General Question

eadinad's avatar

What kind of dog should we get?

Asked by eadinad (1278points) November 16th, 2010

My girlfriend and I want to get (another) dog. We already have two small dogs – a boston terrier/chihuahua mix and a pomeranian.

My criteria:
MUST be friendly with our small dogs and preferably most small animals.
Must be trainable: obedient and fairly quiet indoors, not aggressive, etc.

Her criteria:
Bigger: 30 – 50 lbs
Must make a good running companion
Must be a fairly good guard dog/protector (or at least look capable of it!)

So we want a medium/large dog who will be friendly and calm with our other pets and visitors, but who will love to go on runs with my girlfriend and would protect us/our home if necessary.

She likes german shepherds, siberian huskies, and shiba inus. We don’t need a purebreed – we will be adopting – but we want to know which general direction to look. Would any of these breeds (perhaps mixed with something else…?) work for us?

There will be someone home with the dogs most of the time. We will have a small/medium fenced yard.


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31 Answers

marinelife's avatar

A Dalmatian is about the right size (perhaps a female), is friendly with other dogs and can definitely keep up with a runner. They were bred for war and have good guarding defensive instincts.

jaytkay's avatar

Whatever dog you fall in love with at the pound or animal shelter. I would at least go and look, I’ve known a lot of happy, healthy and loyal dogs that were foundlings.

Coloma's avatar

First, there are no gaurantees with any animal.

I’d say your first priority is to determine if you are willing to keep and care for an animal that may not be your perfect dream dog.

Are you willing to invest the time, potential money in training, bringing in a professional if needed?

If the dog fails to meet all of your criteria are you going to get rid of it, replace it, or otherwise reject it?

Are you aware that it may take YEARS for a dog to morph into the ‘perfect’, idealized version of what you desire?

Dalmations are notoriously dingy, hyper, stubborn and often hard to housetrain.

It’s a crap shoot with any dog, so I’d suggest really looking at what you are and are not willing to do to attain this illusionary ‘perfect’ pet.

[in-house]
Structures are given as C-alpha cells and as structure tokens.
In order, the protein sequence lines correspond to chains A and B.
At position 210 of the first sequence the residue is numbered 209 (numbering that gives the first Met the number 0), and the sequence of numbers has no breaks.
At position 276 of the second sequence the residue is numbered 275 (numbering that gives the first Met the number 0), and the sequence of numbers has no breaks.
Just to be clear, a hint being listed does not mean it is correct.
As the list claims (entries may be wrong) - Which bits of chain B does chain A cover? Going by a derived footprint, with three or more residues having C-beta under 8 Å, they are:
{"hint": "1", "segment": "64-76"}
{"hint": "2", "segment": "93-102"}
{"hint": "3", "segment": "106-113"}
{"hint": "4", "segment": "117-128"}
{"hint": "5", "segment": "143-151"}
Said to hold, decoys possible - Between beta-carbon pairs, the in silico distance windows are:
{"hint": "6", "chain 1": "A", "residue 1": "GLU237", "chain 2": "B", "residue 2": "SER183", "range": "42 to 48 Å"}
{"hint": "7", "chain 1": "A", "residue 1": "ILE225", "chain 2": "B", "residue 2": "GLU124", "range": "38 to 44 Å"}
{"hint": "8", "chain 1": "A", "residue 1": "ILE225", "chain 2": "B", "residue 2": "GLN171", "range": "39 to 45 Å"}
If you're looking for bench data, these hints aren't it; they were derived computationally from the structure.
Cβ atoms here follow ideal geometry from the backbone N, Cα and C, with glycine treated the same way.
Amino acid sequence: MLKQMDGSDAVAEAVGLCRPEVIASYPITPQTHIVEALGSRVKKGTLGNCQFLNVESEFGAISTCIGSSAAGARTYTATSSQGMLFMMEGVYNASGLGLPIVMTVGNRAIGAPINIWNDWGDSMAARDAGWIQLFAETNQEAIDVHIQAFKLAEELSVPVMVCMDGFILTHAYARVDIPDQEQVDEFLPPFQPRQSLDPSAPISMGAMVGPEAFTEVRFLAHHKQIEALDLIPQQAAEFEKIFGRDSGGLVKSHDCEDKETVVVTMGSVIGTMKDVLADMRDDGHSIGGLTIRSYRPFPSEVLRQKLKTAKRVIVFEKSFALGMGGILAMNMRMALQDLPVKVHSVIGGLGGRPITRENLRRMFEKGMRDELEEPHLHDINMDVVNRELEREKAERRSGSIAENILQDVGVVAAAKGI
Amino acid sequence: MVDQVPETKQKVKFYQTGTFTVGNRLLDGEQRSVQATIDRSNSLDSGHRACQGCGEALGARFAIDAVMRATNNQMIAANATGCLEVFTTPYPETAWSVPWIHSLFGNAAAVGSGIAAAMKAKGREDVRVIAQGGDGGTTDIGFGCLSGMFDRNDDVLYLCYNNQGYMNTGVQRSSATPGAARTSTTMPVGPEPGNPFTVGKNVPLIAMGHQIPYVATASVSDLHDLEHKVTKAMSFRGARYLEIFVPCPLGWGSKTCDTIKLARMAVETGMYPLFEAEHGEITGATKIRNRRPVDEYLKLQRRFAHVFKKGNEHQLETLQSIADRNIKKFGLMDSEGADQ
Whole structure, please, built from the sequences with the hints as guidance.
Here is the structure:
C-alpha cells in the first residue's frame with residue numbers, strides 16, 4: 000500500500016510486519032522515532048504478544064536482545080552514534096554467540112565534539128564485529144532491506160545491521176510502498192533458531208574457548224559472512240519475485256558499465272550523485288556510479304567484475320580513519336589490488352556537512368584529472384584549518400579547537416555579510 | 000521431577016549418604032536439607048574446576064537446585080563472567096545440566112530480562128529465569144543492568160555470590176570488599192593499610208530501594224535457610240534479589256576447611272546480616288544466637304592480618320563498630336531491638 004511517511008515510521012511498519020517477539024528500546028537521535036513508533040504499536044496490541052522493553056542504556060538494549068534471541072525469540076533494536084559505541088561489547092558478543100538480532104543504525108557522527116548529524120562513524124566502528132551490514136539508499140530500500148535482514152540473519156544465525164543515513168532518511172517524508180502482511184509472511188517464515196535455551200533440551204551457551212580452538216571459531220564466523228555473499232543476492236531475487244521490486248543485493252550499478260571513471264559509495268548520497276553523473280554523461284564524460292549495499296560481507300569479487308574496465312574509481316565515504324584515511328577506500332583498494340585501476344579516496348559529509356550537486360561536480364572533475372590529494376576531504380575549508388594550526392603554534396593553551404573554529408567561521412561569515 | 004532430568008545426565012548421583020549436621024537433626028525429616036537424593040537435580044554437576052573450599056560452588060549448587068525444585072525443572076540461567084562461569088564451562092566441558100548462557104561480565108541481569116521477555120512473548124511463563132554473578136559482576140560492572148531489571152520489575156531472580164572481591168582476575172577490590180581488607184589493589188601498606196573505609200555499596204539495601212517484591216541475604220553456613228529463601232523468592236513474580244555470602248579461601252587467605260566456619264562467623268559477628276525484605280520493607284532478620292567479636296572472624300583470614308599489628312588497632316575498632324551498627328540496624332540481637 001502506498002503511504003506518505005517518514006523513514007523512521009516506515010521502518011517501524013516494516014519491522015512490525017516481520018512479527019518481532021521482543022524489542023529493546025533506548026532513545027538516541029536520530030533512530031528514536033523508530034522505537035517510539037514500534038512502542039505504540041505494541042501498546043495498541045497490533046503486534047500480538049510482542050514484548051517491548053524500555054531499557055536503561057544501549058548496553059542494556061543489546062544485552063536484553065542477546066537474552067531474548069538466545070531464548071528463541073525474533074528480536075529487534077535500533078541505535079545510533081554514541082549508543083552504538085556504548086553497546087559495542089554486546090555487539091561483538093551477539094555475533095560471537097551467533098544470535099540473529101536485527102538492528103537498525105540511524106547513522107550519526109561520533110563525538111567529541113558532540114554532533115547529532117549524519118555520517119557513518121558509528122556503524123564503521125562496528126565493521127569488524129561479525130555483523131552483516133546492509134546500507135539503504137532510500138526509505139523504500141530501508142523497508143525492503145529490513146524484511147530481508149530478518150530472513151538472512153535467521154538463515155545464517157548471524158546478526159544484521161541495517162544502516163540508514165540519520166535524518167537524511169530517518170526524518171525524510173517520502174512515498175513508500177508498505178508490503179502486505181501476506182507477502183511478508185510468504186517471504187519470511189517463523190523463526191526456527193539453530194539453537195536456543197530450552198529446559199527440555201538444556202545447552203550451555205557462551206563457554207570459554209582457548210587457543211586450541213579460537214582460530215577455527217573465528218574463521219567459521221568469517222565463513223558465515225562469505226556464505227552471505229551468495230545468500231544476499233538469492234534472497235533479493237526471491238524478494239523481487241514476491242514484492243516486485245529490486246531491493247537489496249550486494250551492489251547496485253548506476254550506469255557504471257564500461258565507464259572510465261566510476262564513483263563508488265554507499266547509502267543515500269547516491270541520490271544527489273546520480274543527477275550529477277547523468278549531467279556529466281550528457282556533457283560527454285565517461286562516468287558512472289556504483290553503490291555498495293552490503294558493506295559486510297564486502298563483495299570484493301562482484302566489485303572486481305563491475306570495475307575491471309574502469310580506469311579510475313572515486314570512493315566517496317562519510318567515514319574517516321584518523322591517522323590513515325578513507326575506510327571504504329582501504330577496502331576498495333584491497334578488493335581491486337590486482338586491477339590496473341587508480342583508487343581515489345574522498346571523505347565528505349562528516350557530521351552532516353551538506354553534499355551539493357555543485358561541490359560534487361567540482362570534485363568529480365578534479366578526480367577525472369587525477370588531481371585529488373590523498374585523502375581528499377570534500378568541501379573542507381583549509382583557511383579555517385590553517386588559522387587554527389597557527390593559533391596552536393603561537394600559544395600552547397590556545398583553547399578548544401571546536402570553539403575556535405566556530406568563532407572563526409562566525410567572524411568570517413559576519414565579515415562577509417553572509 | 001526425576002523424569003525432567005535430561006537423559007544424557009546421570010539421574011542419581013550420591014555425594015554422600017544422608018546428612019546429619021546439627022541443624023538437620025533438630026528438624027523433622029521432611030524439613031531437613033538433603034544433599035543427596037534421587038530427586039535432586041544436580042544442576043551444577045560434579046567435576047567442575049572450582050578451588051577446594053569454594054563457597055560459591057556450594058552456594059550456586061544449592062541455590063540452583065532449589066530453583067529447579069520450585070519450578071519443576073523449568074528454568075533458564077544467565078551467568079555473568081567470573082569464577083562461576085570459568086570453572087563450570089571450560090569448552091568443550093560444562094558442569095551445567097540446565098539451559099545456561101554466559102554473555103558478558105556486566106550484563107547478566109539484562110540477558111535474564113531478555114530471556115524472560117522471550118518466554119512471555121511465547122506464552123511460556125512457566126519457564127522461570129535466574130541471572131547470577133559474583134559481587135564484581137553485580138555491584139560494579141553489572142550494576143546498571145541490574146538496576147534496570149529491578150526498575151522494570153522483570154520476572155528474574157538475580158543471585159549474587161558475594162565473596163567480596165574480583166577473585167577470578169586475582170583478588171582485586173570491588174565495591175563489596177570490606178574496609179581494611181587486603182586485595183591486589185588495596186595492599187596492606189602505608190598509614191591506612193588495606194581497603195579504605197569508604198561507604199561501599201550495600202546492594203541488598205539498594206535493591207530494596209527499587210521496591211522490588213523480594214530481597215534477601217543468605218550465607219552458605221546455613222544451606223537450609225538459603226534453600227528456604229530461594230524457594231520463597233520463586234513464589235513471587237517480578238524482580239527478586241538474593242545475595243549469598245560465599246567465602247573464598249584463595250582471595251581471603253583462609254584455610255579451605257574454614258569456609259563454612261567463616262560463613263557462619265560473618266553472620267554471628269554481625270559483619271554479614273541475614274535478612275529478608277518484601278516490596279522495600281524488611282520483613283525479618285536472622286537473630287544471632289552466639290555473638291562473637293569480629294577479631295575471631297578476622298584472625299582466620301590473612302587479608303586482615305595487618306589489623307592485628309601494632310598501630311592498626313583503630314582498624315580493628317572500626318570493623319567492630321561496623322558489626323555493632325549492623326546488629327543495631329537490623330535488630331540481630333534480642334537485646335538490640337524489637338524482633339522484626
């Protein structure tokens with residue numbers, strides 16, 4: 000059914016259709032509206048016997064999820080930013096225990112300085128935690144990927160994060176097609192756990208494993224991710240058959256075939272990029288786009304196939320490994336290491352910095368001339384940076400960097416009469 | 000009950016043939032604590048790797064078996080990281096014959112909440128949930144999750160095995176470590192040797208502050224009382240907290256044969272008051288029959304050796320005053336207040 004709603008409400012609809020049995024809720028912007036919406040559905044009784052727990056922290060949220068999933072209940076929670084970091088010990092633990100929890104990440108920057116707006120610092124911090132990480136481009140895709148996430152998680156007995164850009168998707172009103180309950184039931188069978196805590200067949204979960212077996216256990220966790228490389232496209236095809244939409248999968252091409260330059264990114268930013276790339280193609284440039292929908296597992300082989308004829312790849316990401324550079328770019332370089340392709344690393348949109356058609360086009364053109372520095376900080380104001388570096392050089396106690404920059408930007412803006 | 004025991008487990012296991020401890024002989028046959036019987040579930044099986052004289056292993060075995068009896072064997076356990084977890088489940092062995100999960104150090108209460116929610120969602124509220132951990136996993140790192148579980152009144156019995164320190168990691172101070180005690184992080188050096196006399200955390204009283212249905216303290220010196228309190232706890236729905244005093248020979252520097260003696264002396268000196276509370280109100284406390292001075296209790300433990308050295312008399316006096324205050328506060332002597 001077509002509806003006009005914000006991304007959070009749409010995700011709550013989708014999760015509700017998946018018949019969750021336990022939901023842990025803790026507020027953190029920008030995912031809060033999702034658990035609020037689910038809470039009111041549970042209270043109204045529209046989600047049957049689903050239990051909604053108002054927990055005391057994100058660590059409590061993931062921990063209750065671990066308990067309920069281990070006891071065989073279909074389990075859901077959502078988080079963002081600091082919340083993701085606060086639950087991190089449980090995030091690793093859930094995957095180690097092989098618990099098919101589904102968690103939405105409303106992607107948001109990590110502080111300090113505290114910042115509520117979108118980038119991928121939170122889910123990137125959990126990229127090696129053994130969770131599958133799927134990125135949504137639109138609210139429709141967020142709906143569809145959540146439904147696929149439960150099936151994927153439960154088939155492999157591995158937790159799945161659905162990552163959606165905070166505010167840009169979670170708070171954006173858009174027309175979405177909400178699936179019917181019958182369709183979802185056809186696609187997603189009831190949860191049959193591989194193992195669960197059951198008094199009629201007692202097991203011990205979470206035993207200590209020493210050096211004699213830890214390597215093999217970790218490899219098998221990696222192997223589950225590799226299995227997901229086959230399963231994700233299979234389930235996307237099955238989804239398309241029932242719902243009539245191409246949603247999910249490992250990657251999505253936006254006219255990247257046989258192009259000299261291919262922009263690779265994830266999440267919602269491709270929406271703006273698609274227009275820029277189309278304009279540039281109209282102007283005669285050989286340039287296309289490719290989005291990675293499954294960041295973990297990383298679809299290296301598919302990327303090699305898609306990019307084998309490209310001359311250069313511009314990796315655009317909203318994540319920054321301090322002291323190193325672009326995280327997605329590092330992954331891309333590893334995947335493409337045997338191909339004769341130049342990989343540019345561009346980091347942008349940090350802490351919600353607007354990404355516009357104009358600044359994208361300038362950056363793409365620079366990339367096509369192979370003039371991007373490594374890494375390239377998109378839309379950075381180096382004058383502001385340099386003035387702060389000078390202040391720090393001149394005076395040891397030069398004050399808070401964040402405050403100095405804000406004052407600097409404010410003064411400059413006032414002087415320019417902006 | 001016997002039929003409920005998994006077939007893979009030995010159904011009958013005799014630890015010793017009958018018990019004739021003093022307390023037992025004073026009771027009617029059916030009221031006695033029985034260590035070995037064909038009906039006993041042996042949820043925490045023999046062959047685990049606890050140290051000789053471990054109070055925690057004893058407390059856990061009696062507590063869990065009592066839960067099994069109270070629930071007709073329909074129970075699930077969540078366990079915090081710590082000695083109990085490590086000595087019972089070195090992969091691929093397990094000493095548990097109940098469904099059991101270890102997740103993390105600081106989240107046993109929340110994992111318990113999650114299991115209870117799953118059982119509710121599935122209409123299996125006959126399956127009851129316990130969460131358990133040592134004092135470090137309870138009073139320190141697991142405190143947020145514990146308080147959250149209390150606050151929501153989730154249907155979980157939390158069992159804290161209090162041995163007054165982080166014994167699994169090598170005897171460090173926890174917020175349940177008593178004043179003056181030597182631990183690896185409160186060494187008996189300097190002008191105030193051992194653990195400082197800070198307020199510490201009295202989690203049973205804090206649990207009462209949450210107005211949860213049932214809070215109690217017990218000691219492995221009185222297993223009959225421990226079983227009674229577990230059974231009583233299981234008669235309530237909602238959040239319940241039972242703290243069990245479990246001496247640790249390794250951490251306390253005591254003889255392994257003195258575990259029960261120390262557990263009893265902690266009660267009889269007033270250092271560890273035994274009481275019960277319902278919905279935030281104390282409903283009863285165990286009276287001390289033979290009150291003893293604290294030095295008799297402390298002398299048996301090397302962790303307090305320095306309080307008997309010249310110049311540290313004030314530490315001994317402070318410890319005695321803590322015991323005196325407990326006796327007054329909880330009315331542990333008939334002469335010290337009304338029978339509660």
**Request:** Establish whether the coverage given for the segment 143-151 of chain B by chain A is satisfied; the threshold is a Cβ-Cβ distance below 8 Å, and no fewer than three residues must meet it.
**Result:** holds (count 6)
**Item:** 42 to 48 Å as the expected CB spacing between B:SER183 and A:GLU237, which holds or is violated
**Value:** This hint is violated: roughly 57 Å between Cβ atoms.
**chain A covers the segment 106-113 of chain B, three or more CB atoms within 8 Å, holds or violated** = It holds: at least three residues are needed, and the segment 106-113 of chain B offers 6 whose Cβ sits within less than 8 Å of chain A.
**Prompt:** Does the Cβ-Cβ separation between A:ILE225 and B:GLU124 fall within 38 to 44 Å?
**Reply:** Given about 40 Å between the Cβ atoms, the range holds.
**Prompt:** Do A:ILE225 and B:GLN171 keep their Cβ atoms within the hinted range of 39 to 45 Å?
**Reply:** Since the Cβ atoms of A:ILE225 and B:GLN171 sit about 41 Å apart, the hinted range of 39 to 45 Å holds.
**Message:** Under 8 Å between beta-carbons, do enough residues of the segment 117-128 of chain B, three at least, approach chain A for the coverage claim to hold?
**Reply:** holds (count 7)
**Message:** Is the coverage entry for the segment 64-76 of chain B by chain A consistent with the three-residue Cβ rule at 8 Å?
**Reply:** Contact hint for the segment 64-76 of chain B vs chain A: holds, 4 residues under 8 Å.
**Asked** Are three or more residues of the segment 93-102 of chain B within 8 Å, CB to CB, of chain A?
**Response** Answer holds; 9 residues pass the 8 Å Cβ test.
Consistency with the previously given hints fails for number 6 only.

If you get 2 out of 4 wants on your doggy wish list will that be good enough?

Going into pet ownership with unrealistic expectations is a travesty waiting to happen.

Good luck!

mrlaconic's avatar

@marinelife I have to disagree. I don’t recommended a dalmatian to anyone who isn’t a fire fighter. Don’t be fooled by what you see on 101 dalmatians. They like to play hard… and I know I have one. I’ve trained him and he listens to me and everything but he still plays hard.

I am going to suggest a Lab of some kind.

Judi's avatar

Golden retriever. They are pretty mellow and easy to train,will be nice to the smaller dogs and are loving companions.
I love my Weinheimer, he is gentle, and sweet, but very curious. They are supposed to be great running dogs. He is also absolutely beautiful. He’s still a puppy and driving me crazy, that’s why he was not my first suggestion.

Adirondackwannabe's avatar

I’ll second the warning on dalmations. They are a high energy dog. Nothing wrong with that, but they play hard.

eadinad's avatar

@Coloma – we are already pet owners. We know that all dogs need training! But there’s no point in getting a dog breed whose natural instincts are opposite of the traits you desire and trying to train it out of him/her. What I’m really asking is which breeds would most likely be able/easy to be trained into, as you say, the “perfect” dog. No dog is perfect.

Adirondackwannabe's avatar

An Australian Blue Heeler is a very good breed for protective behavior and a good hard worker. They can get a little over protective sometimes.

Judi's avatar

My queensland heeler eats little dogs for lunch

Blueroses's avatar

Retrievers and retriever mixes are generally smart, friendly and energetic but also love their “sofa time”.

squirbel's avatar

Go to your local rescue and choose the one who resonates with you. Do not support puppy mills :(

Getting a dog to match your criteria isn’t a good way to get a pet who you’ll love till he passes away.

Coloma's avatar


Of course you should research all the breeds and look for the best fit as is possible.

I just wished to make a point that many animals are cast away for failing to meet unrealistic expectations of uninformed and inexperienced people.

I agree that a retriever or lab might be a good choice, active but mellow and very much into pleasing.

A dog with a high desire to please is going to be more easily trained than an independent breed.

German Shepherds are nice also, maybe a small female would be a good blend.

Pied_Pfeffer's avatar

You might want to look into a Brittany Spaniel.(dog) I grew up with four of them, and they are very loving, easily trained, and protective dogs when it comes to alerting owners to someone approaching. They do best when they go on a walk/run once a day. Our parents fostered a Schipperke at one point, and the dogs adapted well.